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December 1, 2020

Comments | Return to Story

Gene SchaerrMay 13, 2019

Excellent!

Ralph C HancockMay 11, 2019

ScottH - please slow down and note that I'm not discussing Haidt's argument, but the use Arthur Brooks makes of it.

J. Wanless SouthwickMay 10, 2019

Despite the imperfections, can we learn to love as God loves? "This is my commandment, That ye love one another, as I have loved you." John 15:12

KjcoMay 9, 2019

The ying & yang balance referenced only works when it's not a 5-2 ratio. That makes for an awfully lopsided, bumpy & precarious wheel on which to ride.

ScottHMay 9, 2019

I appreciate Dr. Hancock's discussion of our society's current cultural morass. His observation that liberal thought can be as repressive as conservative approaches is noteworthy. But Dr. Hancock seems to misrepresent Dr. Haidt's moral foundations theory in order to use it as a cudgel for beating up on liberals. Johnathan Haidt himself, at least as I understand his thinking, does not suggest that liberals that hew mainly to care and fairness are inferior to conservatives that embrace these factors plus loyalty, authority, and sanctity. Rather, he paints the two views as complementary and necessary for balance; as yin and yang. One view promotes the virtues of change while the other advocates the value of stability. Each needs the other to prevent going too far, since fully realizing either goal would lead to worse horrors than they seek to solve. Moreover, Haidt calls for people of all persuasions to get outside of their ideological "teams" and focus on common threats, since humans are quite good at addressing common problems (that are recognized as such) but are not so good at finding common ground. The "I'm right and you're wrong" approach taken in this article and in so many other facets of our culture leads us to mainly focus on that which divides us instead of that which unites us. Contempt for differing viewpoints may help us feel secure in our principles, but at the cost of blessing God's children as we otherwise might. Like it or not, we live in a pluralistic society. Most walk the broad roads and few travel the narrow path to eternal life. Disciples of Christ are tasked with holding firmly to God's commandments while simultaneously working to bless as many of God's children in as many ways as possible. Easy? No. But nobody ever said it would be.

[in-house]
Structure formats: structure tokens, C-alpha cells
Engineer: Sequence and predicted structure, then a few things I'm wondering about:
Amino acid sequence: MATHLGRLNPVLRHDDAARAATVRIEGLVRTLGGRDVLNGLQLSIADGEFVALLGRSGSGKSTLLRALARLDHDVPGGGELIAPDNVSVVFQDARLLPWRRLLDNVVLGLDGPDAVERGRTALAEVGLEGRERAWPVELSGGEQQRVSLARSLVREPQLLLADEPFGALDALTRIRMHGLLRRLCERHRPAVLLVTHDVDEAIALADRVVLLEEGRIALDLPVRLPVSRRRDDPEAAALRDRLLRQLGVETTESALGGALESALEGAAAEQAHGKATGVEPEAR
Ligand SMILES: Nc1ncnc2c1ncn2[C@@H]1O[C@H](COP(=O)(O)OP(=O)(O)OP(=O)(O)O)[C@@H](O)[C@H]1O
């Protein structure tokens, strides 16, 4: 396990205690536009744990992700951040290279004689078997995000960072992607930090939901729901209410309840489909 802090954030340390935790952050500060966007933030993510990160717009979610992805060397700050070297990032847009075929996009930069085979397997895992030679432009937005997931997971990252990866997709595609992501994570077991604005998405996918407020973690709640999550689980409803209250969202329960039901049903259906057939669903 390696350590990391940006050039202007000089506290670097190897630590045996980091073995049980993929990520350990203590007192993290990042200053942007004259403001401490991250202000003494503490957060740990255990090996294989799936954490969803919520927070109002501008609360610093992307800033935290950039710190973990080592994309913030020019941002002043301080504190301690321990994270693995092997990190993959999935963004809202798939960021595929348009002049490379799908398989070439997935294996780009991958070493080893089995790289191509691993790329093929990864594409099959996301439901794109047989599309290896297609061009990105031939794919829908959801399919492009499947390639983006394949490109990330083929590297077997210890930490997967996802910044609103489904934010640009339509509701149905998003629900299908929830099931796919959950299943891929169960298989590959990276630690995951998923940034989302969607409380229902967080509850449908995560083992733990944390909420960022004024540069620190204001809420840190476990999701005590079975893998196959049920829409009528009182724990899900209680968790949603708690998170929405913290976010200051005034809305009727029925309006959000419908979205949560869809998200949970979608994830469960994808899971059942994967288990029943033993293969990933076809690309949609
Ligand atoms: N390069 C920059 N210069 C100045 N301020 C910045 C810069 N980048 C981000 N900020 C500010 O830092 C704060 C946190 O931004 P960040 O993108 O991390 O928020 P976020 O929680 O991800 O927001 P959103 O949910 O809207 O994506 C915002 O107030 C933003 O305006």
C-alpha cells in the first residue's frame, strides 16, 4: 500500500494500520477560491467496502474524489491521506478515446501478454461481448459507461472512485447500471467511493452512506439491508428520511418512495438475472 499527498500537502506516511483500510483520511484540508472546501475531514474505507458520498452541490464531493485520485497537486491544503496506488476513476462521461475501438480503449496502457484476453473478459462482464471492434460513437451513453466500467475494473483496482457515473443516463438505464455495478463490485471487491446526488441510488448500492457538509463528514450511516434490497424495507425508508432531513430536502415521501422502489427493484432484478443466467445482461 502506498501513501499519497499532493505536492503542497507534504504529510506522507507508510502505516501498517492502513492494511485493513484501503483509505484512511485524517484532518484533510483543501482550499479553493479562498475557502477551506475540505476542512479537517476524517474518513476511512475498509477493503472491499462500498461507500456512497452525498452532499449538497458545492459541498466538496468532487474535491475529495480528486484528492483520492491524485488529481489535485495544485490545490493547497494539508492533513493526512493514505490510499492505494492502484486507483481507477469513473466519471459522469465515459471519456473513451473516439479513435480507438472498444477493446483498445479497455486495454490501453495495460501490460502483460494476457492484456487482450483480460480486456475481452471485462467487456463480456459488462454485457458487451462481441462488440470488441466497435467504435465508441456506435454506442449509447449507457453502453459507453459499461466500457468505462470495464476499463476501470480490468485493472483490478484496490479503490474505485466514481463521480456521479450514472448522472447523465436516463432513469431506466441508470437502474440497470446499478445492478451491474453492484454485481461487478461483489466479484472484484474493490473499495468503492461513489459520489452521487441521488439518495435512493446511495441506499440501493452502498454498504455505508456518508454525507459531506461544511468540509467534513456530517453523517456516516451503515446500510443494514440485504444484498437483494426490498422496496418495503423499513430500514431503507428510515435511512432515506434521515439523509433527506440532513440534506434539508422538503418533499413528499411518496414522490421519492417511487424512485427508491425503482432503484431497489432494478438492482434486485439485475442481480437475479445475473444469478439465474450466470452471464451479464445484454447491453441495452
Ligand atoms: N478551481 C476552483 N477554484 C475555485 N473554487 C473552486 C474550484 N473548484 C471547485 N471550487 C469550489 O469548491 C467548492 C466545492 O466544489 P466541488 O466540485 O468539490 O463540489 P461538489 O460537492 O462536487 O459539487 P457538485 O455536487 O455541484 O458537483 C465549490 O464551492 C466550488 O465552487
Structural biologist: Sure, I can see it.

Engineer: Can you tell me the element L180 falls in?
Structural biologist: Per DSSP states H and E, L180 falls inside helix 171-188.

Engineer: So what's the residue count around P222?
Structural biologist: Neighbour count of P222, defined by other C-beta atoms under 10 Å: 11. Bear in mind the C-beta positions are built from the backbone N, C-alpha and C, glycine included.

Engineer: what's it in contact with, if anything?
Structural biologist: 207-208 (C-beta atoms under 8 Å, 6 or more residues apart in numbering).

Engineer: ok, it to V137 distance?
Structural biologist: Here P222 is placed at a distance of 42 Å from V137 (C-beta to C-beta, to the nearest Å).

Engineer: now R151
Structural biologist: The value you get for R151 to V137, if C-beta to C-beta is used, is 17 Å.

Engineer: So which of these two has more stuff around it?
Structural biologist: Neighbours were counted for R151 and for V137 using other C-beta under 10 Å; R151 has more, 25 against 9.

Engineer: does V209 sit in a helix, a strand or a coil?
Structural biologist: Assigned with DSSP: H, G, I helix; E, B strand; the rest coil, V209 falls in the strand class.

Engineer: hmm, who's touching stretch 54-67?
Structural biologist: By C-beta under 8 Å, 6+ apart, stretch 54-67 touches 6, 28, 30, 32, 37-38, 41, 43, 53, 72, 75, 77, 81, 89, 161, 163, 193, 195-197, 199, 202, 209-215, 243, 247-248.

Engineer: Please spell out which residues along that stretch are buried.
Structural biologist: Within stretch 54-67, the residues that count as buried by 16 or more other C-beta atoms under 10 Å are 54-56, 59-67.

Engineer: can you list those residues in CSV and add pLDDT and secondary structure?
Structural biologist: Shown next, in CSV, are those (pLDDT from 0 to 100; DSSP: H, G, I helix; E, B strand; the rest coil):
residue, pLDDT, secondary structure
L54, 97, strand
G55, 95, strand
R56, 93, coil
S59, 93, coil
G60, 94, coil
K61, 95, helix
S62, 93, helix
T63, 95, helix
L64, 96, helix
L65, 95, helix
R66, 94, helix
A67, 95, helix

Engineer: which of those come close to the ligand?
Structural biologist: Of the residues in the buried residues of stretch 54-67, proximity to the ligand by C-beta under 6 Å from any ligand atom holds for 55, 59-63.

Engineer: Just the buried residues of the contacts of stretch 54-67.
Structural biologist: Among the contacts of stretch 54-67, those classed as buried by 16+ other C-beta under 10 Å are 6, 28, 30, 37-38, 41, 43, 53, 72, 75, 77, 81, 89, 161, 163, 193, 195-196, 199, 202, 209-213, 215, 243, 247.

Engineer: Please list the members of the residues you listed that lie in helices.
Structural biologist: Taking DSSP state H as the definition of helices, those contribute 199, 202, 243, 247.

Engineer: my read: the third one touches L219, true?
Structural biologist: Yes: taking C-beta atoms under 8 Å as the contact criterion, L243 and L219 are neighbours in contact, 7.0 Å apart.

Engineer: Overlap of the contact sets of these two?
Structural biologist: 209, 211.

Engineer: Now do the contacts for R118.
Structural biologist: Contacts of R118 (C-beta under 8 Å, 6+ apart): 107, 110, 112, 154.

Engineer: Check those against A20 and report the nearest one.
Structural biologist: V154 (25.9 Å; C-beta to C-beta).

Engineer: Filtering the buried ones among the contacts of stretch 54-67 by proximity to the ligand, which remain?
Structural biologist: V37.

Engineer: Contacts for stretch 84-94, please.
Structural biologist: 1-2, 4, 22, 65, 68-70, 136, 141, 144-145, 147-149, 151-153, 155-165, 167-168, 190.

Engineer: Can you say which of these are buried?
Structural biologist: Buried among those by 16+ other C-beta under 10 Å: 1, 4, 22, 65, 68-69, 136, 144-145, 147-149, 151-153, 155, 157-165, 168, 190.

Charles KrautMay 9, 2019

This is a very important article. It defines one of the most critical issues of our time, and cuts to the heart of what our "society" is really all about. The ramifications of settling for two of the five criteria is what we have experienced ever since the Sexual Revolution began and well-meaning, nominally Christian parents, teachers, leaders, and others began acknowledging and then defending their and others' children's right to choose. Absent the moral component, we are no better than animals. As Americans, we were meant to be self-governing under our Constitution. That document was inspired by the Declaration of Independence, which proclaims the supremacy of natural rights. Our foolish pursuit of human rights in place of natural rights is rapidly destroying our society and civilization itself. Thank you for sharing this article. I would not have wanted to miss it.

Julie DunfordMay 9, 2019

Bravo!!! This is the most intelligent and true article I have ever seen on this subject! Well done! Thank you for bringing this to light and articulating it so well!

NancyMay 9, 2019

Brilliant analysis!

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